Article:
Responding to the Queen’s Speech Chartered Institute of Housing (CIH) deputy chief executive. Gavin Smart said:
“Extending right to buy to housing associations is not going to tackle the housing crisis – in fact it could make things worse for people on lower incomes who are already struggling to access a decent home at a price they can afford. It would have a huge impact both on housing associations and on local authorities, as councils would have to sell off their most valuable homes to fund replacements.
“Our concern is that in practice it would result in the loss of vital social and affordable homes. The government says each home sold would be replaced on a one-for-one basis – but we know this is not happening under the current scheme. Our research has shown that most local authorities only expect to be able to replace half or fewer of the homes they sell under right to buy. And government figures show that between April 2012 and last September councils started or acquired 2,298 homes using right to buy receipts – just one for every 11 sold.
“The government says that replacements for both housing association and council homes sold under the extended scheme would be built in the same area, but this will be heavily dependent on land availability and will therefore be extremely challenging in some inner city and also rural areas.
“The best way of helping people on lower incomes into home ownership is by increasing the supply of affordable housing. CIH is ready to work with the government on the solutions that could make a real difference, for example investing in shared ownership and supporting local authorities on land and asset management to deliver more homes.”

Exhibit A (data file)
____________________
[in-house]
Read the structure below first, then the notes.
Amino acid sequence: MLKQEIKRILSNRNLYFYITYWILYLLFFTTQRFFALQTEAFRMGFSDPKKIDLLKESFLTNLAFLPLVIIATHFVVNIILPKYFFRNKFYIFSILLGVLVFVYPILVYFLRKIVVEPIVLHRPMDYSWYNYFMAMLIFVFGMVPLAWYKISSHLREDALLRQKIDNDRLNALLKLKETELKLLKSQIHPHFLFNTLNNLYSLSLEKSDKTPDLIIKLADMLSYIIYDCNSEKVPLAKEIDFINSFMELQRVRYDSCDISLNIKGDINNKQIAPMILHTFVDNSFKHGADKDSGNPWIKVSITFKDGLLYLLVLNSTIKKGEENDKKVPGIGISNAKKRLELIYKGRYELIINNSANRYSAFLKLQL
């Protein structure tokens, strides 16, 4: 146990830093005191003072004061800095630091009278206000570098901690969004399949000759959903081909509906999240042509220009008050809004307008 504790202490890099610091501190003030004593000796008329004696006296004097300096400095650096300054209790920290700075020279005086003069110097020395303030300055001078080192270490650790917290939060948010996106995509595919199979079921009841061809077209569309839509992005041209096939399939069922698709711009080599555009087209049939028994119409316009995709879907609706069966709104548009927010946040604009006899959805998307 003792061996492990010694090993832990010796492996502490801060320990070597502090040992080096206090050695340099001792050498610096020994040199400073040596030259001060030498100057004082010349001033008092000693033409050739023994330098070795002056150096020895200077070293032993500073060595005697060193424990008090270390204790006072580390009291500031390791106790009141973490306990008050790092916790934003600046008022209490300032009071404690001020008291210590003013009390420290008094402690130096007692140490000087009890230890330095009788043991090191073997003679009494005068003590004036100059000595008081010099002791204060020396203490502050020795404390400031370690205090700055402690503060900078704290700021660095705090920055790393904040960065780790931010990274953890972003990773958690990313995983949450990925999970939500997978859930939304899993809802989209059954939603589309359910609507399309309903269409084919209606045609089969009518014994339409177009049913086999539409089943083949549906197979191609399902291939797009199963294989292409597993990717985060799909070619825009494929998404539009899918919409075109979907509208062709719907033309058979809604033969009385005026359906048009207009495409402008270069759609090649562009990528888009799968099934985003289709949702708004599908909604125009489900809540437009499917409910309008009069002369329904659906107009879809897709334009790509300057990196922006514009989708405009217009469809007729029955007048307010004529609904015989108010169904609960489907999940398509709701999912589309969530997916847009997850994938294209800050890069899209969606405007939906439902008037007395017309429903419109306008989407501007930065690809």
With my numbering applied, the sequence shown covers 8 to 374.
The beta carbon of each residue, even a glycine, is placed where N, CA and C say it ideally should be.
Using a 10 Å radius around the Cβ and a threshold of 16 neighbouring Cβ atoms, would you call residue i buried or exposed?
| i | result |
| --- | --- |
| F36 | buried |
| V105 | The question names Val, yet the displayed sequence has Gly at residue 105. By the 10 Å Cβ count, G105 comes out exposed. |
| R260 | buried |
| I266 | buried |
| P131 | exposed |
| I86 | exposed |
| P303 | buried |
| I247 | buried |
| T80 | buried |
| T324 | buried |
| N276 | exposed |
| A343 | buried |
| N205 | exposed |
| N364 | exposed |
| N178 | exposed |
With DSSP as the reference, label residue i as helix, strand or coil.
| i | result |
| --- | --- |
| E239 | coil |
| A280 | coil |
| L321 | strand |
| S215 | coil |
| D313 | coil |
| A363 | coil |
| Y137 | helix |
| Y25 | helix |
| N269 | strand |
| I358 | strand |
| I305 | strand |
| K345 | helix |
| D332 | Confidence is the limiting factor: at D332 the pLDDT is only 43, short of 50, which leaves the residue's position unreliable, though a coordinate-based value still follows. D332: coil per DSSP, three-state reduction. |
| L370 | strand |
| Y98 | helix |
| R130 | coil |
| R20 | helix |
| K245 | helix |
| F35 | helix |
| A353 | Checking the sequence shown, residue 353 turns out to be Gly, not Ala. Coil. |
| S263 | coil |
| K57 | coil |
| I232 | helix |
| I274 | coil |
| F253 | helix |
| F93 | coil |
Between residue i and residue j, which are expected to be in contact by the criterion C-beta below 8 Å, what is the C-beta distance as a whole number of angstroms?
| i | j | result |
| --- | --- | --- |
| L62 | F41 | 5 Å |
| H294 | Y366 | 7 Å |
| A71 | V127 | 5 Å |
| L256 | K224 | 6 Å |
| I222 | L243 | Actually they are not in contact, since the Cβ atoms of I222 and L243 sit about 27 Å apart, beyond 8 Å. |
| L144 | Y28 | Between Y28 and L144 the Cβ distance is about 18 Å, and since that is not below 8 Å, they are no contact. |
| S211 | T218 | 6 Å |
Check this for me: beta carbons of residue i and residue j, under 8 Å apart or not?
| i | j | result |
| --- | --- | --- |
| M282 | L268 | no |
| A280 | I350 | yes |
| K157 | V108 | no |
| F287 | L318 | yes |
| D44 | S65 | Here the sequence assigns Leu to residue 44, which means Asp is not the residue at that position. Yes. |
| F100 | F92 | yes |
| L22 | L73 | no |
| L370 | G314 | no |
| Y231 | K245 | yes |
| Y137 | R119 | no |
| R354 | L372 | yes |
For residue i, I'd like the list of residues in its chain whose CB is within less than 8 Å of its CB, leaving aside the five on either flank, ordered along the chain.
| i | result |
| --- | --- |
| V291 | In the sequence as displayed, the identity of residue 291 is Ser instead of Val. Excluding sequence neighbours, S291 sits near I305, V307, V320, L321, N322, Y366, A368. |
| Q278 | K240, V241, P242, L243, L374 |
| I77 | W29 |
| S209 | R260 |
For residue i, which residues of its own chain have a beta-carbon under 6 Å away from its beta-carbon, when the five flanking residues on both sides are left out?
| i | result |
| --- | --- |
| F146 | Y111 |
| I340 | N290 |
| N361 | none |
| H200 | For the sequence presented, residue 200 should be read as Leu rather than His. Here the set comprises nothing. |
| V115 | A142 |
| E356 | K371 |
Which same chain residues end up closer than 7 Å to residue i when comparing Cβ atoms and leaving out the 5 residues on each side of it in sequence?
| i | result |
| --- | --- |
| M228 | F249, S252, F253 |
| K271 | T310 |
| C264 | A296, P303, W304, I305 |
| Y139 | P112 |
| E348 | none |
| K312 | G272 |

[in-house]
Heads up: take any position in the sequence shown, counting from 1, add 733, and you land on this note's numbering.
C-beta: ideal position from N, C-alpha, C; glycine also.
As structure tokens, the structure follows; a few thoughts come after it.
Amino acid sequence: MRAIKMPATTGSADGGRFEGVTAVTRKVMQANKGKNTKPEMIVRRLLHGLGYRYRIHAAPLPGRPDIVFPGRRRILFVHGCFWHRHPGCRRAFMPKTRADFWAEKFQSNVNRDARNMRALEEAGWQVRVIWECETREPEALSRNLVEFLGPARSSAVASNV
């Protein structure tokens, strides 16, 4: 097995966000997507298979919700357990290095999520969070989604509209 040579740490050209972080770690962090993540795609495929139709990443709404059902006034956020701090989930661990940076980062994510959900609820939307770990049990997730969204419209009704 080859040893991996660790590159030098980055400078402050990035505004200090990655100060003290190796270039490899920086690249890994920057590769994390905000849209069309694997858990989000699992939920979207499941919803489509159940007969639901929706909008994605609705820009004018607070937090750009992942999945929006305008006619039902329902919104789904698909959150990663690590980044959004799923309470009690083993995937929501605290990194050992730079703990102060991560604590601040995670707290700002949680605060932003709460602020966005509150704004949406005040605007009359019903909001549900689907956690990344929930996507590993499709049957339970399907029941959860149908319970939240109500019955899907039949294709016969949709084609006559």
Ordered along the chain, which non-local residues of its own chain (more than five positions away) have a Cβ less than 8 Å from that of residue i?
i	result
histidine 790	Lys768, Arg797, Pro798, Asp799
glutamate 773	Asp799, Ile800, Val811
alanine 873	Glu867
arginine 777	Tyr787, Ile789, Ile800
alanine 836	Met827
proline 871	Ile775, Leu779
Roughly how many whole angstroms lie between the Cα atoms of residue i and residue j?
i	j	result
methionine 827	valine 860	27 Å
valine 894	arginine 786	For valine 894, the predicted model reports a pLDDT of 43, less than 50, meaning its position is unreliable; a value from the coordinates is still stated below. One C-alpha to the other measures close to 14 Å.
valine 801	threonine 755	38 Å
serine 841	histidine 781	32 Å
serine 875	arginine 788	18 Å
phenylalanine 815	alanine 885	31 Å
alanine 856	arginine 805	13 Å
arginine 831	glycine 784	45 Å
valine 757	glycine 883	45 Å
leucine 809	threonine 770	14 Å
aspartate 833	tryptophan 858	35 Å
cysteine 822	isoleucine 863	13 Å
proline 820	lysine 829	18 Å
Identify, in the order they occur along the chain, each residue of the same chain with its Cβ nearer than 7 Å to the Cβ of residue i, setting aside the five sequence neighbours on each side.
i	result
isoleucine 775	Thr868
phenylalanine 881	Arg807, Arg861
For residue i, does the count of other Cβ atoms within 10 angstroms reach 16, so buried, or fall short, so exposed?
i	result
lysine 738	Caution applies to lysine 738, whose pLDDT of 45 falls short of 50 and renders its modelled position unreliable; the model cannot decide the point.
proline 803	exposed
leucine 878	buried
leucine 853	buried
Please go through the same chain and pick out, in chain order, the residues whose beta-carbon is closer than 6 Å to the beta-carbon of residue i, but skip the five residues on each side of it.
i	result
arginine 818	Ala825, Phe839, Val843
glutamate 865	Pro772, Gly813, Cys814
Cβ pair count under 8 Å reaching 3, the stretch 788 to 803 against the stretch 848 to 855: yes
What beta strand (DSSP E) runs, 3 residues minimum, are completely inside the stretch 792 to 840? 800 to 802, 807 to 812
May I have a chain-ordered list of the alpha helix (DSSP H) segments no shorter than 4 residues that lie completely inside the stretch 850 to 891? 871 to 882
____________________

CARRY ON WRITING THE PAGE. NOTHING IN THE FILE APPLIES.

Gavin also explained:
“The right to build, which will require local authorities to identify and release land with planning permission, is a sensible step which could increase the contribution that self-build makes to housing supply. It should also provide a boost for small to medium sized builders which historically have played a critical role in delivering new homes.”
However, he was concerned that:
“Freezing working age benefits for two years fails to reflect the reality of the housing crisis. We are not building enough homes, which means the cost of housing and therefore the housing benefit bill is going up.
“Millions of people have no choice but to rely on housing benefit to secure a roof over their head. That includes an increasing number of people in work – the number of people in work who still have to claim housing benefit has more than doubled from around 445,000 to just over a million in the last five years.
“Cutting housing benefit for under 21s fails to take into account the reality of many young people’s lives. It could have a serious impact on vulnerable young people who have left home, including those who have been rough sleeping and may be forced to return to it. It could also mean that young people would be unwilling to take risks such as moving for work because there would be no safety net for them.
“Our research on the impact of the benefit cap in Haringey showed that people affected by the cap face serious barriers to finding work, including a lack of job seeking skills and affordable childcare. So we think that lowering the benefit cap would be very dangerous unless ministers commit to increasing support for people looking to get back into work and funding for childcare for those people affected.
“Ultimately, if the government really wants to tackle the housing benefit bill, it needs to commit to building more genuinely affordable homes.”